Adding iron to aquaponics

Review: Abdel Rahman El Gamal (Founder of the website)

Iron in aquaponics (labeled)



Iron deficiency is common in aquaponic system and may lead to several adverse effects on the plants which turn pale and yellow as the iron deficiency compromises the plants ability to make chlorophyll. Iron deficiency could be detected through visual inspection. In new plant growth, the iron deficiency becomes evident when the entire leaf shows a yellowing or Chlorosis, however in mature leaves, there is a very noticeable and characteristic when the leaves of most plants start to yellow, while the veins in those leaves remain green.

In order the address iron deficiency problems, adding iron is a typical practice in aquaponics system. Chelated iron is the form used in aquaponics system whereas chelated iron compounds are available in different commercial products such as Fe-EDTA, Fe-DTPA, and Fe-EDDHA.  The effectiveness of different forms of chelated iron is influenced –to a large extent- by water pH. In aquaponics as the pH may go to 8 and above, the Fe-EDDHA has been found effective at a wide range of pH making it the most usable form of chelated iron in aquaponics even though the product is expensive and it turns the water color into red. However, there may be different opinions in regard to the iron forms used in the system based on field experiences, availability of the product along with the cost. Also, the pH of water may favor one compound over others.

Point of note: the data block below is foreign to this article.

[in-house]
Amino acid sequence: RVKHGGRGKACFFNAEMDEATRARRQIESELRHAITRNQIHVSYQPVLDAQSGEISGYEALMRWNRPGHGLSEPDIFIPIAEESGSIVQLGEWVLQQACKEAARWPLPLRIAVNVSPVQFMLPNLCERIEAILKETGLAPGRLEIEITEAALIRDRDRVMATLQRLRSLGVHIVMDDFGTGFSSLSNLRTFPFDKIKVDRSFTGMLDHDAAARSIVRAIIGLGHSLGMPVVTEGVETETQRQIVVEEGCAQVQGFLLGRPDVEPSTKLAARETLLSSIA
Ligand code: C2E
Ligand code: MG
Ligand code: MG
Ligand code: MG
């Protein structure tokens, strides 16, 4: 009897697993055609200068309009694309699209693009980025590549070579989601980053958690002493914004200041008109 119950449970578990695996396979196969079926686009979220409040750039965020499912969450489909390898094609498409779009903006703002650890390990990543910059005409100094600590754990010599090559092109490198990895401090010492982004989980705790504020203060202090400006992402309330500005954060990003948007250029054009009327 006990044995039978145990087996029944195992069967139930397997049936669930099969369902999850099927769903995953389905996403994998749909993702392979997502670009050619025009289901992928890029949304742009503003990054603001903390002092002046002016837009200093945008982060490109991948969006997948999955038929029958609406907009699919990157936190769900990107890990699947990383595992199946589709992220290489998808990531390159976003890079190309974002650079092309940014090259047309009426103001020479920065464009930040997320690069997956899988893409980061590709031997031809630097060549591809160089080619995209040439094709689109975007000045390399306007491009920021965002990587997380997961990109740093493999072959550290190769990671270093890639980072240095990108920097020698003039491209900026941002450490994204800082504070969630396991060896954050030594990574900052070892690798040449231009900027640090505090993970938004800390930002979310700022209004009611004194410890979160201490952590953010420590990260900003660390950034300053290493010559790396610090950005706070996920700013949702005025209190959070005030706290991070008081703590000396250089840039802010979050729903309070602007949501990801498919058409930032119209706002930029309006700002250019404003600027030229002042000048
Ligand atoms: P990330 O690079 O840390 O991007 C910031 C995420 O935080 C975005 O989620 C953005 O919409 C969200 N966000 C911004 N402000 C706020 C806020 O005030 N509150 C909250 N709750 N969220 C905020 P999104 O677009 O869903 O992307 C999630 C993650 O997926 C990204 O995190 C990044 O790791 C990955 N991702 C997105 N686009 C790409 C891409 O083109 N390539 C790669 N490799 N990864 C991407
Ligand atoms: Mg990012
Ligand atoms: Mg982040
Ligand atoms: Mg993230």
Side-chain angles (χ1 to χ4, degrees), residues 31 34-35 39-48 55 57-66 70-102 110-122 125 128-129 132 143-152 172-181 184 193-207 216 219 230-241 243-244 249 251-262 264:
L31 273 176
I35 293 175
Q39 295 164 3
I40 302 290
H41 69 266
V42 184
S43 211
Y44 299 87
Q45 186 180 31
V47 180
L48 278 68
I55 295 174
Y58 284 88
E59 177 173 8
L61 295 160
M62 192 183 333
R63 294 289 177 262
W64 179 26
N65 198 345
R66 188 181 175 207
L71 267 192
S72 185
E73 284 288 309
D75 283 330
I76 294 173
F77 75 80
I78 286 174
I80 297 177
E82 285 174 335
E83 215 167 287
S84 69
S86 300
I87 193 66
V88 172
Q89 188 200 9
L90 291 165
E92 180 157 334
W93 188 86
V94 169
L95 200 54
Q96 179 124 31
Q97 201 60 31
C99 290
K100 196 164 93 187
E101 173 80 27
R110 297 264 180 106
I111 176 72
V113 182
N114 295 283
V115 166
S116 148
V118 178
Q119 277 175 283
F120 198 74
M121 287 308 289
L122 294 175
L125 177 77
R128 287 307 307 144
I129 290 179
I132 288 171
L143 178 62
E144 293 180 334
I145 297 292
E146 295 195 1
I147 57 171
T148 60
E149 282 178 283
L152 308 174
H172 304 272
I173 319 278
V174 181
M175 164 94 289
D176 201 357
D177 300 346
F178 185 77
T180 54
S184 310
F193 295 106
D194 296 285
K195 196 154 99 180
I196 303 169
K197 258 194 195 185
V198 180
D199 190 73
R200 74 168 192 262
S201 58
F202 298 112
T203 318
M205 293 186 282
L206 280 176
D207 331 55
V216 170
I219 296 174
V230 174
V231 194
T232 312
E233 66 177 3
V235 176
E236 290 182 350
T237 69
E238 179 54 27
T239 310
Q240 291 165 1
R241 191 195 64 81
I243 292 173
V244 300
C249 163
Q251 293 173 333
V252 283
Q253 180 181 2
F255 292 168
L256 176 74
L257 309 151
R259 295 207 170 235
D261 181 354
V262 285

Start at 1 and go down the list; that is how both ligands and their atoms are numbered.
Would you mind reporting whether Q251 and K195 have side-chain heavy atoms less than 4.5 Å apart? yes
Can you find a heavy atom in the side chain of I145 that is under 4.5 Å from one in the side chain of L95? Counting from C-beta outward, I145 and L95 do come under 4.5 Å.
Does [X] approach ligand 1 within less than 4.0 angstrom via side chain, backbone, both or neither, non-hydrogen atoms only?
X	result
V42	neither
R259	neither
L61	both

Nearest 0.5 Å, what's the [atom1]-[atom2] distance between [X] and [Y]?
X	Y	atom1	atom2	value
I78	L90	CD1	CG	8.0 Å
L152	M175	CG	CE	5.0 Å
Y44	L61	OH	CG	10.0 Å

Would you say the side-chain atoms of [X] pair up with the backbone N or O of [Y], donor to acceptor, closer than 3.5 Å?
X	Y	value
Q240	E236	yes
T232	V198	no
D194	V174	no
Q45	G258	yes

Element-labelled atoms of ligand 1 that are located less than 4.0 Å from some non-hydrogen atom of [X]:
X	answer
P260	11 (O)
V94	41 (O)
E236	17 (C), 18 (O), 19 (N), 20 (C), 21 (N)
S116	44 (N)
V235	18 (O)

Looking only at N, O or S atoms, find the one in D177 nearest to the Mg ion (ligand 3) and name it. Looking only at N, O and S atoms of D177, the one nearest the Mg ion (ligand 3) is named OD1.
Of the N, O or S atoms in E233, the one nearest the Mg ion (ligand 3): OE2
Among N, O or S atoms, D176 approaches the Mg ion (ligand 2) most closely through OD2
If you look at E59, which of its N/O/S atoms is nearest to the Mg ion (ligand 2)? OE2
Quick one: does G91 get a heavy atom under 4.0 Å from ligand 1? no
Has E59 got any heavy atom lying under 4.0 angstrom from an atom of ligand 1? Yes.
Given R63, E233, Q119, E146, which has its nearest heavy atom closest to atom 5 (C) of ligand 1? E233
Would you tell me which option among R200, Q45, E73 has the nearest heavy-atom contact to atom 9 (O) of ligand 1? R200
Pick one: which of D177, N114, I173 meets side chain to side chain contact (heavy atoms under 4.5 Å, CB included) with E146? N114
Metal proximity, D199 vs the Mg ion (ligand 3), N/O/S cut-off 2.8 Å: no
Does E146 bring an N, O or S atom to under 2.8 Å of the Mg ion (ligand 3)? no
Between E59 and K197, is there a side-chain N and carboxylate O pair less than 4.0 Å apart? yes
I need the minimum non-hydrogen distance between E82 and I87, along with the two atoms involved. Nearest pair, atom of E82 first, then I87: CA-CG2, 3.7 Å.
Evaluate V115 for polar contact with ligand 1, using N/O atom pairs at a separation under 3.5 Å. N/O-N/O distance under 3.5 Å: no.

Added iron would depend on several factors, including the amount of iron already present in the water whether within the system or the water source as well the uptake of iron by the plants. Also, it is important to note that the water volume in the system includes fish tank, water in the sump and water in the grow beds. A standard dosing of 2 mg of pure iron/liter of water every 3 weeks is the industry standard. The actual quantity of the chelated iron compound added would be based on the percentage of iron in a given compound.

While iron deficiency has its negative effects, the oversaturating of iron in aquaponics poses negative effects as the over-dosing of iron can impede the plants ability to take up nutrients and absorb sugars and may eventually leads to death.

In order to maintain the proper all-time iron concentration in aquaponics and not waiting for the deficiency signs to appear and in the same time avoiding the iron overdosing, test kit for iron could be used. In general, iron level should not be allowed to reach as low as 1.5 mg/l.



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